As I discussed earlier in my Senate 2008 introduction, there are very few competitive races to be found in 2008. The GOP is at a disadvantage due to the fact that it must defend 21 of the 33 seats up for grabs, but many are in the deep south and legitimate Democratic challenges are unlikely. In the last piece, I counted 7 races that look highly competitive.
Make it 8. After Ted "Series of Tubes" Stevens' home (the same home that was allegedly and illegally lavished with remodeling work by contractors) was raided by the FBI, the odds of the octogenarian even running again (let alone being safe) are nil. Today I'll offer a brief introduction to the first four competitive races and offer early predictions.
1. Colorado (Wayne Allard, R, retiring) – Sen. Allard is keeping his word to limit himself for two terms. The state GOP tried badly to woo former Broncos superstar John Elway (the GOP is always against celebrities until it finds some that carry water for it) and former Governor Bill Owens. The latter would have been formidable, but he doesn't like the odds for the GOP in 2008. Smart man.
The Democrats will be represented by Congressman Mark Udall, a very high-quality challenger. If the GOP cannot put up a better candidate than the current choices (former Congressman Bob Schaeffer and a local Denver talk show host) this race, which should be close, could turn into a laugher.
Prediction: leaning D
2. Maine (Susan Collins, R) – Collins, W's bestest of buddies in the Senate, is trying very hard to play the part of the moderate with her voting record for the last few months. I take that as a clear sign that she understands that she is in trouble. Collins remains personally popular, but a GOP Senator in a fairly "blue" state can't consider herself safe by any means. The Democrats look to counter with Congressman Tom Allen; his success will hinge on getting voters to pay attention to Collins' party rather than Collins herself.
Prediction: Collins retains seat
3. Minnesota (Norm Coleman, R) – In the past 8 years, the Democrats have had a field day in the land of 10,000 lakes. Professional nobody Amy Klobuchar handily defeated GOP incumbent Mark Kennedy in the 2006 Senate race, and Coleman has never been considered safe. This is a seat the GOP knows it is lucky to have and will have to fight to retain. The wild card, of course, is whether Al Franken wins the Democratic nomination. Financially he is the 900-pound gorilla in this race. If he is nominated, the race will be entertaining if nothing else.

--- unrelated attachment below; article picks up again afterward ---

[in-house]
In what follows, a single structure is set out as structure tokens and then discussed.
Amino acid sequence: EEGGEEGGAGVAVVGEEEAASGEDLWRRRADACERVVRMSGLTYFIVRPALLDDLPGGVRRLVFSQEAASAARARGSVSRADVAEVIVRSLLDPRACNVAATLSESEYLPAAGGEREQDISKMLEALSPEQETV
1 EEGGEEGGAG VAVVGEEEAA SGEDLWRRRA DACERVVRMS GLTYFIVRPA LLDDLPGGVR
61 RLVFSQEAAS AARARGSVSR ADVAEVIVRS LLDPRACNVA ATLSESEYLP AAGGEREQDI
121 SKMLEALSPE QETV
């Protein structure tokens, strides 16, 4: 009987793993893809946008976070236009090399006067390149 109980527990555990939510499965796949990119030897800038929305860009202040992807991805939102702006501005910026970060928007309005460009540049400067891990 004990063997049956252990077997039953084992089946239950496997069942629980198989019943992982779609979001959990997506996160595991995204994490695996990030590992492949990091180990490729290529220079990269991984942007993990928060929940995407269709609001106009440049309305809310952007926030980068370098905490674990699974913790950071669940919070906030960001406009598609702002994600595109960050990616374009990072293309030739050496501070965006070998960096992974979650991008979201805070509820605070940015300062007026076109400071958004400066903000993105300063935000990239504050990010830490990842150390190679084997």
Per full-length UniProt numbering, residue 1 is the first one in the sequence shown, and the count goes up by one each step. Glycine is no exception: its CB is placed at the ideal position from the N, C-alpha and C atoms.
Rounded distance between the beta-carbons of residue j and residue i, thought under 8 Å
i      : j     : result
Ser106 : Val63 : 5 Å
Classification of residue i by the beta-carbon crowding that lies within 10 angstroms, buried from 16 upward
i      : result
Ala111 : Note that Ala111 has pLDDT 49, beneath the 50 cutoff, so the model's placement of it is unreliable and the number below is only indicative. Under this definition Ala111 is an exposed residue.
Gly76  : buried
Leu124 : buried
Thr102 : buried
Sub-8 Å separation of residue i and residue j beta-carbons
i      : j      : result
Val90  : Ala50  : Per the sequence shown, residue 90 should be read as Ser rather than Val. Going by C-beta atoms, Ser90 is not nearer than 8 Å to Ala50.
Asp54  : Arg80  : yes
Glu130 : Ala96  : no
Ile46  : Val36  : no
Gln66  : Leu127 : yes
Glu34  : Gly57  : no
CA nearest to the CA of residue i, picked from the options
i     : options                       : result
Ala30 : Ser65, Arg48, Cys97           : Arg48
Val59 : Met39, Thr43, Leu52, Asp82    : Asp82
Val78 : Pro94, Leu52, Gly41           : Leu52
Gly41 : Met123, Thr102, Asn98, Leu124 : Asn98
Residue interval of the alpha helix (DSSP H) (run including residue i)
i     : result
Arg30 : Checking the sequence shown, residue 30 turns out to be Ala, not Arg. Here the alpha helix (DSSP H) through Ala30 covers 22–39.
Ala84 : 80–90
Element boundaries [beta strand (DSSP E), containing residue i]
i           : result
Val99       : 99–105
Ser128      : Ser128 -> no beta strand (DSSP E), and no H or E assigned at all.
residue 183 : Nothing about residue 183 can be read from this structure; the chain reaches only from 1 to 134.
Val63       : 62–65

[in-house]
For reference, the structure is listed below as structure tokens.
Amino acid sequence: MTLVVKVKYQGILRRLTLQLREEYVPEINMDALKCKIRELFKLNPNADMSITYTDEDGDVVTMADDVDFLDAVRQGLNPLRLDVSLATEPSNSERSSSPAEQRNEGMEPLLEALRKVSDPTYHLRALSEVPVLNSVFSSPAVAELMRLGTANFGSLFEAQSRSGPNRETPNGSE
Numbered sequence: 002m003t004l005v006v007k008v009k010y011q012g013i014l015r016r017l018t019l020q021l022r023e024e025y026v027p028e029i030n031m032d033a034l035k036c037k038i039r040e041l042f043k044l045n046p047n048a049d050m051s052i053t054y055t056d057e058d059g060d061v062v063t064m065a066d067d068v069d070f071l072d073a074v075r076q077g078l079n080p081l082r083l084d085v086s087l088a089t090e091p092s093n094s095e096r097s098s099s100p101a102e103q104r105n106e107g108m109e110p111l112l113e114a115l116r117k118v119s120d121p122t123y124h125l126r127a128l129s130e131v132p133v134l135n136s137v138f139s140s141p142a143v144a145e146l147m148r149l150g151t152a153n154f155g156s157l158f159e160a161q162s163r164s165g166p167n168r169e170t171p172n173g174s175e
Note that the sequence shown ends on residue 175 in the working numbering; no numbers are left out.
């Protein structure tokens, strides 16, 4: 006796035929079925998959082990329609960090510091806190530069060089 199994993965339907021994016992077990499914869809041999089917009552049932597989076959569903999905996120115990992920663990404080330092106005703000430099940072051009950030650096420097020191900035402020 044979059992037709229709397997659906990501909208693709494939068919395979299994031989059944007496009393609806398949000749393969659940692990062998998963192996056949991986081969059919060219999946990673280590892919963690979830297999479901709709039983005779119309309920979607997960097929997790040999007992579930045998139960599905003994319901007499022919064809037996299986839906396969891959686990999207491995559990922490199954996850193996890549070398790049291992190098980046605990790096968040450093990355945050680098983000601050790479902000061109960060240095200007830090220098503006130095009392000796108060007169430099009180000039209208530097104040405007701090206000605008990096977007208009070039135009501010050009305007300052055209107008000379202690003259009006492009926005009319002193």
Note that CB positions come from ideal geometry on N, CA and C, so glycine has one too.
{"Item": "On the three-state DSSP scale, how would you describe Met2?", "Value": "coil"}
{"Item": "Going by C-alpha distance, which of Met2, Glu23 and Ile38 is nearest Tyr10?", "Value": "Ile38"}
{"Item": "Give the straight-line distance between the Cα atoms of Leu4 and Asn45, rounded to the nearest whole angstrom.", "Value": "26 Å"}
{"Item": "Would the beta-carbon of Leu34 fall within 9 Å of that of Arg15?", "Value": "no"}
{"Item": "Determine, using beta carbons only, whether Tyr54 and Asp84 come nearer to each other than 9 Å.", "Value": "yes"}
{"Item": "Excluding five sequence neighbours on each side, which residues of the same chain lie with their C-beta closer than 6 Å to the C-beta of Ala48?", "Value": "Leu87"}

Prediction: Coin flip until Democratic nominee is determined
4. Alaska (Ted Stevens, R) – Series of Tubes will be 85 in 2008, and his son has already been indicted for taking a quarter-million dollars in bribes. With the recent "suprise visit" to the Stevens home from the IRS and FBI, I'd have to imagine that Teddy is going to retire. He has adamantly denied any intention of doing so, but that was before he stood ready to be indicted. It would appear to be in the GOP's interest to replace him. Unfortunately, Congressman Don "Bridge to Nowhere" Young is also on the cusp of being indicted. Whoops.
Stevens has won several times in some of the most lopsided blowouts in recent Senate history (78% in 2002). It is a very conservative state. However, absent Young and Stevens I fail to see another good GOP nominee (Sarah Pralin has been governor for about 3 minutes), whereas the Democrats are going to run popular Anchorage mayor Mark Begich. It's still a longshot, but this race feels (12 months out) like Webb-Allen felt a year in advance of the 2006 race: one's immediate reaction is to say "No way will the D's take that one" but the right challenger, the right technique, and the right amount of resources (i.e. every damn cent the party can give him) could turn the tide.
Prediction: GOP retains seat by a hair; Democrats become slight favorites if Stevens or Young are formally indicted.
That's all for now, but there's plenty more to talk about. Take any predictions with a grain of salt at this point; in many instances the nominees aren't even settled yet, and a lot can change on the national scale in 14 months.